A blog about Grip Strength, Dinosaur Training, Feats of Strength, Stonelifting, Kettlebell Training, Strength and Conditioning for Martial Arts, and the Paleo Diet.

Sunday, February 5, 2012

(English) How to make your own Strongman log

This lovely but cold Sunday morning I put the finishing touches on my first homemade Strongman log. There it is:

Ain't she a beauty?

If you want to make your own, here is what I did:

I phoned a couple of lumber mills to check which one sells log without bark. I found one, went there and purchased a 6 1/2 feet long, 1 foot diameter spruce log (these where the dimensions I found on the Internet for an empty Strongman log of about 155 lbs). 25 EUR.

I have to admit, it seemed awfully heavy. At home I weighed it: about 300 lbs. What was wrong?

Of course, the wood was rather fresh and full of water. To let it dry would take about two years. So I searched for another lumber mill with a drying room and found one. Fortunately, they let me put the log into their chamber for a week. This cost me another 20 EUR I didn't want to spend, but next time I will be wiser.

When I picked it up, it had almost exactly 155 lbs. So the 20 EUR eventually saved me a lot of time.

Then I began by cutting two square holes into the log with a chainsaw. About 8 by 7 inch, with the centers of the holes (where the handles would be) about 2 feet apart.

Be careful when working with a chainsaw, by the way, they can be dangerous.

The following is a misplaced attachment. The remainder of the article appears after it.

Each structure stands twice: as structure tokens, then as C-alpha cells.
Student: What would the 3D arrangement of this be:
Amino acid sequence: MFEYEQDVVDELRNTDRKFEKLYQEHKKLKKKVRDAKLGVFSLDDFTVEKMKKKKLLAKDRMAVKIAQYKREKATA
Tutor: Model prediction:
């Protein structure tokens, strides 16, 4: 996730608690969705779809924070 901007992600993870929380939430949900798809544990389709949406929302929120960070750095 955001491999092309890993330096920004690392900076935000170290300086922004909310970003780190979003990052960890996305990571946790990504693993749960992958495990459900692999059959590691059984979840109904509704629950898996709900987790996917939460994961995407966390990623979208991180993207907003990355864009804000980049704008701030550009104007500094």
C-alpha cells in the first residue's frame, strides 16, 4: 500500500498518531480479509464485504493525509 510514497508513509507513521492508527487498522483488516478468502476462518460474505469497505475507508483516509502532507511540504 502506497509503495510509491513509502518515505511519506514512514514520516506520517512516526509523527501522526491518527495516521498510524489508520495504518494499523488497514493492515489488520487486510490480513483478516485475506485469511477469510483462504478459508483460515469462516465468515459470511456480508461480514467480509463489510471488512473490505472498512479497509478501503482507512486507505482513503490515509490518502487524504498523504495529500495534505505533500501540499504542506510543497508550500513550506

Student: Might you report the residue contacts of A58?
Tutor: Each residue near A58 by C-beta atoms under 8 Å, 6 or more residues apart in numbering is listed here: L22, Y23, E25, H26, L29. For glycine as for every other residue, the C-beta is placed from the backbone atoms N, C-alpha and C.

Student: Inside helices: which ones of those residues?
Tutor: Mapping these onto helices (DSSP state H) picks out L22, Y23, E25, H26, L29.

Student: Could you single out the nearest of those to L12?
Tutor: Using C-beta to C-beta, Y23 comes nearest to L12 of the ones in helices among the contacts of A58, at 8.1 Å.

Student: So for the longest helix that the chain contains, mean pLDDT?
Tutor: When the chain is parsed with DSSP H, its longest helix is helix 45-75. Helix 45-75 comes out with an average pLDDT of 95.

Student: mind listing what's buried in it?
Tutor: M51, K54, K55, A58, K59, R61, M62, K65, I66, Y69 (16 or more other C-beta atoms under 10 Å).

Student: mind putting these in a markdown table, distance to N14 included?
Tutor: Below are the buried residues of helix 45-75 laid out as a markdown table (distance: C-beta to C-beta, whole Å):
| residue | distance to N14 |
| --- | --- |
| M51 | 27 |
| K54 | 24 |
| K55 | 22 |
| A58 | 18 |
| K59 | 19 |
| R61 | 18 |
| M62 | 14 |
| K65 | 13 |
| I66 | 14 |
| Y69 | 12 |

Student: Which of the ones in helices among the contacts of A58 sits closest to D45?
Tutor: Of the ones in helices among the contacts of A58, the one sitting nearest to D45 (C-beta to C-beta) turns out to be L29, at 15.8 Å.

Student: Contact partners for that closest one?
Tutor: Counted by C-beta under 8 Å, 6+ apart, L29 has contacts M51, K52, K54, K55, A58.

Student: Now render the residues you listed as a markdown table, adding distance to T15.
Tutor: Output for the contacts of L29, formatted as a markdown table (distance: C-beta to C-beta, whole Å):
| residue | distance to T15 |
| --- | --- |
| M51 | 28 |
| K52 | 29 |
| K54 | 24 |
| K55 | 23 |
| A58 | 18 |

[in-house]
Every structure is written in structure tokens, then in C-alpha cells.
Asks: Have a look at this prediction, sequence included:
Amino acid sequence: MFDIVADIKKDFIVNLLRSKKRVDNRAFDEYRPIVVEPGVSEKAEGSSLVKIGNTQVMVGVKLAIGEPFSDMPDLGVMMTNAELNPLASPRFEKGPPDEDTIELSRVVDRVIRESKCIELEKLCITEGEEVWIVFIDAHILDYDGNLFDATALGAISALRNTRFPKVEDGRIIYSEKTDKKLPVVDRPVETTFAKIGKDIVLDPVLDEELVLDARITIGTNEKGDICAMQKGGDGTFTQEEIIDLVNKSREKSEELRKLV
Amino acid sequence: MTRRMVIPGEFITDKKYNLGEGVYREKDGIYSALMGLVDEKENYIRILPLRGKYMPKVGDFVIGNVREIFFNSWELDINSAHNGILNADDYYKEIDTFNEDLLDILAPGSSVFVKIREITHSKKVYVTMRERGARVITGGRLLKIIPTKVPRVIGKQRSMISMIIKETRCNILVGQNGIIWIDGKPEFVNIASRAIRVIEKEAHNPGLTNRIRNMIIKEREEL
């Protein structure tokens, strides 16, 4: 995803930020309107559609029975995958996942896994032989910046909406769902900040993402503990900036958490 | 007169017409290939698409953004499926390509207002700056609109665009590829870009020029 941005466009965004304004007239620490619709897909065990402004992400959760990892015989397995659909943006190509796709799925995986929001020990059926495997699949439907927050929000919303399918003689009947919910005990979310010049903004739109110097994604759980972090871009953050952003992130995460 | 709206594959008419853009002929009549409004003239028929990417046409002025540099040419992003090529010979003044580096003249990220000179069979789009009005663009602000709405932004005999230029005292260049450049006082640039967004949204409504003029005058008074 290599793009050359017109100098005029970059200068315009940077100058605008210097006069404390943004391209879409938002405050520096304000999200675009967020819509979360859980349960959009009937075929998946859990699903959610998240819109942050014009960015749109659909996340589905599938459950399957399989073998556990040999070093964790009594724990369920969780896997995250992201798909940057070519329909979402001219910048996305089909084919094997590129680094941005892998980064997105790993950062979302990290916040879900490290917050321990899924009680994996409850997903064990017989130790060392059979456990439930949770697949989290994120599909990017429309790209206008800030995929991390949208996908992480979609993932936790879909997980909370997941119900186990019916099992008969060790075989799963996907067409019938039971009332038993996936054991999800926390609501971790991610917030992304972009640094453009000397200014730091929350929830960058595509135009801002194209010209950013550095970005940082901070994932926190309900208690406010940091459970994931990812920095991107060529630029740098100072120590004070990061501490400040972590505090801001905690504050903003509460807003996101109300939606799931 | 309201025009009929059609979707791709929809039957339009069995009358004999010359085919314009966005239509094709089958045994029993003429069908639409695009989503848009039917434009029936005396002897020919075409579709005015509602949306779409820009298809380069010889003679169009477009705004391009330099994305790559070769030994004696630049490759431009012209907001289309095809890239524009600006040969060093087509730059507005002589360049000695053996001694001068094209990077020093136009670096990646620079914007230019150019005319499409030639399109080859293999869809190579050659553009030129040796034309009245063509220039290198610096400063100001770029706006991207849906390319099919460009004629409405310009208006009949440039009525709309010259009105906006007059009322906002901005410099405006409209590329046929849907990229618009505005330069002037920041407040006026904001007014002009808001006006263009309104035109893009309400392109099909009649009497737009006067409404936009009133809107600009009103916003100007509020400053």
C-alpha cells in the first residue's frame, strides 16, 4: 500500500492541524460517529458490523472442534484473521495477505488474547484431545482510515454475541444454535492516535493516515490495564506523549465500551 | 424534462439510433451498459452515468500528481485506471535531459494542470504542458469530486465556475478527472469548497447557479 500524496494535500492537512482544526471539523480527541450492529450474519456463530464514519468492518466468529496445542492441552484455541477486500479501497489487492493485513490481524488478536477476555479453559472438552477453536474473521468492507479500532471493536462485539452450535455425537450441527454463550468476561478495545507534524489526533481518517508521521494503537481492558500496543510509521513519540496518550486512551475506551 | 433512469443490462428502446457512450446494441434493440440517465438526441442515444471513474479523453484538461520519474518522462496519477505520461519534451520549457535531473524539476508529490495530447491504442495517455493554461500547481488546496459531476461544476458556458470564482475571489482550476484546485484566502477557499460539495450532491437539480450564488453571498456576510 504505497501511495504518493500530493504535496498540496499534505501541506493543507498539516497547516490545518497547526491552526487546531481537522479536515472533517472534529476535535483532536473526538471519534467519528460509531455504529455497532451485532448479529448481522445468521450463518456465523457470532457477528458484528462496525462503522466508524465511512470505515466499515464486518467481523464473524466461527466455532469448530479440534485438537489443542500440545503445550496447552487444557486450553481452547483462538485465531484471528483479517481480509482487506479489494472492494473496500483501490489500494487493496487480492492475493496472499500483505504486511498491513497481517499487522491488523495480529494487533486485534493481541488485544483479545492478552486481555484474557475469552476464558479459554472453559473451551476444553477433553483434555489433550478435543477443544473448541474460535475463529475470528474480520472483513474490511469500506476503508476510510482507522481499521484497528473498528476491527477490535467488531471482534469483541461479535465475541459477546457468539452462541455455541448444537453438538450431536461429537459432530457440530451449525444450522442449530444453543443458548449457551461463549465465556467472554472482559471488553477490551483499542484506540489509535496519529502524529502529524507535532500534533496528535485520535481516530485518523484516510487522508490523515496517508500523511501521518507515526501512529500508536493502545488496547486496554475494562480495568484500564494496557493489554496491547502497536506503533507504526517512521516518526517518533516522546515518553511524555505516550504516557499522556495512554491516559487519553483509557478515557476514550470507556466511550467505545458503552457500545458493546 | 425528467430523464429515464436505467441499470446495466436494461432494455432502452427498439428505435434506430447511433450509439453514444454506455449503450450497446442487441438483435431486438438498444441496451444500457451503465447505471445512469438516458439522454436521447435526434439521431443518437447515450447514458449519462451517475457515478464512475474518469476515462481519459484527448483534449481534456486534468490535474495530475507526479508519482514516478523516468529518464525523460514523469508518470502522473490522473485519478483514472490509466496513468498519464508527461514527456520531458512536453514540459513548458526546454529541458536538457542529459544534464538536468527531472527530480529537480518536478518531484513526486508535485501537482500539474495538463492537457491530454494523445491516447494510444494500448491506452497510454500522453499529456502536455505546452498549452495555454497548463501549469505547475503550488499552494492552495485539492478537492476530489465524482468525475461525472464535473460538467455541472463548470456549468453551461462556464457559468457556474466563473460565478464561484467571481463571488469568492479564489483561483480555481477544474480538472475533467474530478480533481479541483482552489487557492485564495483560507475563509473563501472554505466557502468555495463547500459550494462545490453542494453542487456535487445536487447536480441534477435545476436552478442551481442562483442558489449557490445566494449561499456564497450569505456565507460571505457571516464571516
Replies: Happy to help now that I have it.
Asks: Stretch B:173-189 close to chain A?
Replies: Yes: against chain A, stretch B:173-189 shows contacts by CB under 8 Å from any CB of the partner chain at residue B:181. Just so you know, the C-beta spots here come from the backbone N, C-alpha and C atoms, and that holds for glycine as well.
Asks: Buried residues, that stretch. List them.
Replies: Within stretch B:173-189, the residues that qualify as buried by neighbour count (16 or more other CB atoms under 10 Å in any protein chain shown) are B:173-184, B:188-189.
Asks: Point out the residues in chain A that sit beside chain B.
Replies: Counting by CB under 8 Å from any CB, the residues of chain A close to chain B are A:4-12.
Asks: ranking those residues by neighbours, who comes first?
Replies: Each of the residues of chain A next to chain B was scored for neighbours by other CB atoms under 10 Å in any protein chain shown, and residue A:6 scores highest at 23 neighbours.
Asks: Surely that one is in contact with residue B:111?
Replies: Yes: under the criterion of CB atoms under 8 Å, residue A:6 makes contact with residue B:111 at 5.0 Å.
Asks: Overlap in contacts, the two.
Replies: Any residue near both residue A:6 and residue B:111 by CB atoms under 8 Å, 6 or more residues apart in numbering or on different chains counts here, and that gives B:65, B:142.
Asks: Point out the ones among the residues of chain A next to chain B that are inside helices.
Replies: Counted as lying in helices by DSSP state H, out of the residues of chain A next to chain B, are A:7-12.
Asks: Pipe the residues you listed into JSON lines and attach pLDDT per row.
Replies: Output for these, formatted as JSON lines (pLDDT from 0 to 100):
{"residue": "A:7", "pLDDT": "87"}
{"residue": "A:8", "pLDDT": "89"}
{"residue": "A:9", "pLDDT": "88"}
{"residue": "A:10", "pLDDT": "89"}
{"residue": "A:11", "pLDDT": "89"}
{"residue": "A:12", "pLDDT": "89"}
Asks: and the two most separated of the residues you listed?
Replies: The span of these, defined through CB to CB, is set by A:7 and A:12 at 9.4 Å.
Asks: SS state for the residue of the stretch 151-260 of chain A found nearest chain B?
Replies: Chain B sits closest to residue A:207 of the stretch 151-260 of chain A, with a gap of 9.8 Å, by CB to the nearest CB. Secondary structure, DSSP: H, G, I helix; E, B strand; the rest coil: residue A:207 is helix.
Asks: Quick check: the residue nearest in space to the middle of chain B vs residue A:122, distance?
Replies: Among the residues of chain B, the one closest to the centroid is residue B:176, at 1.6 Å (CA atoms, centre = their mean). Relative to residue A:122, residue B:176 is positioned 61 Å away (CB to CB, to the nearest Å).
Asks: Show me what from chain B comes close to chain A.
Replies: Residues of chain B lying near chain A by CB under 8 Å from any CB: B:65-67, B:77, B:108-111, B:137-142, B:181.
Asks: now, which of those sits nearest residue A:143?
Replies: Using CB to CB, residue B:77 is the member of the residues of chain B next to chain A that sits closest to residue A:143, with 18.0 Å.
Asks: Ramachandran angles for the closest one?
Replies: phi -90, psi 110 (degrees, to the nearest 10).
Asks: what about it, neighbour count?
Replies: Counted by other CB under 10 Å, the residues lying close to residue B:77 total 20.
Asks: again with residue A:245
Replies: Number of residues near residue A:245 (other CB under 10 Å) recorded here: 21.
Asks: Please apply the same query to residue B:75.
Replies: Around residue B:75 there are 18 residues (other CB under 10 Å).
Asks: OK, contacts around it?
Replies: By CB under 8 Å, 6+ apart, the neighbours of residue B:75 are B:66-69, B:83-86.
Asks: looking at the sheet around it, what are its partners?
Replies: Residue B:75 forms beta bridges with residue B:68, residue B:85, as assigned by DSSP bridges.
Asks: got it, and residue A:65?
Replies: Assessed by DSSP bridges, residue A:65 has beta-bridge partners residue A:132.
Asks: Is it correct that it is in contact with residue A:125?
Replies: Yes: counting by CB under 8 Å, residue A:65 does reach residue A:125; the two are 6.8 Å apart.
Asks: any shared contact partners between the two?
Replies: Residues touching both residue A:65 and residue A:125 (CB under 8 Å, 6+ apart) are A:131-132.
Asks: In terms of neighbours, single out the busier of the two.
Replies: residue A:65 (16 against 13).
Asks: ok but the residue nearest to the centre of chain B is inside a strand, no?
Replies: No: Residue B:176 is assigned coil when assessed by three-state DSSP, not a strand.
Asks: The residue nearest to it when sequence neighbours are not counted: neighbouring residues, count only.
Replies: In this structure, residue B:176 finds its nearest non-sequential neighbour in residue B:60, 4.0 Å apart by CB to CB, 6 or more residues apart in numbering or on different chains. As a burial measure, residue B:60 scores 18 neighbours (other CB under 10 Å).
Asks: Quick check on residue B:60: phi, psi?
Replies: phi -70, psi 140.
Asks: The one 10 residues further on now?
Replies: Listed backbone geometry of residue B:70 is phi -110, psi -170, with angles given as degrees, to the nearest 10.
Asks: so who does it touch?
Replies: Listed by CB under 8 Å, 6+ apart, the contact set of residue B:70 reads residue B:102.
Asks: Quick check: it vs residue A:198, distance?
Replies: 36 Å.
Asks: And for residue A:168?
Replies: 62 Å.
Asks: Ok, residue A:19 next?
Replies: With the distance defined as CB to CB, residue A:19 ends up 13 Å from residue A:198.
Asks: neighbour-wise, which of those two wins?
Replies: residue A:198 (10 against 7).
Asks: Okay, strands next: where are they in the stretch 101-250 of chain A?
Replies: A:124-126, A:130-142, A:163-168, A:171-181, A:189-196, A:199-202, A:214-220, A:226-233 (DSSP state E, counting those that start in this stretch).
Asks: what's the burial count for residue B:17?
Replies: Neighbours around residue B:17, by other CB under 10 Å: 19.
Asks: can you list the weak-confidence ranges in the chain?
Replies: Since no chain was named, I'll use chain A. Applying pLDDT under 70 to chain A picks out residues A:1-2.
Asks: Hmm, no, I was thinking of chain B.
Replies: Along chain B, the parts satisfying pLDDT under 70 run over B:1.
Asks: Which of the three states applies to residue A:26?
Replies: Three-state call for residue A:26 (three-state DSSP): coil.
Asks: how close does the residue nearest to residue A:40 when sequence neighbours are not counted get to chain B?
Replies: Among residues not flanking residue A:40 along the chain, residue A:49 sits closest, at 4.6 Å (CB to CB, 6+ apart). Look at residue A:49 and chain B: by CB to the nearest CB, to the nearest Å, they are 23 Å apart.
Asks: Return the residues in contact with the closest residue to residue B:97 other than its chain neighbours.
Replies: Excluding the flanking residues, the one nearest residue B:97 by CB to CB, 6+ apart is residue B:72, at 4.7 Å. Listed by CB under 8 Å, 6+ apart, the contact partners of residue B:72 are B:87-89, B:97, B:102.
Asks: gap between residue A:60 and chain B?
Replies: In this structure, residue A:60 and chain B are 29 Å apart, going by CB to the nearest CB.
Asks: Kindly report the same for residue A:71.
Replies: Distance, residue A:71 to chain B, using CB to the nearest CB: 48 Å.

Then came the hardest part: taking the wood out of the holes. At first I used a pick hammer for the rough work, then a chisel.

This part of the job took most of the time. Luckily a friend and my younger borther (here in the picture), lent a helping hand.

The rest was easy. I drilled round holes through the center of the log where the square holes are, and two holes into the ends of log. As I wanted to use an old iron pipe for the handles and loading bars with a diameter of 1.06 inches, I used a drill about 1 milimeter less in diameter.

Then I hammered the end pipes into the holes at the ends of the log and decided they would hold.

With the handles I was more cautious and put some extra strong glue into the drill holes before hammering the pipes through to make sure they would resist the strain put on them during a heavy clean.

Then I hammered the handle pipes through.

This is how you put additional weight on it:

There you go. Looking forward to my first workout with it.

Good luck with your own!


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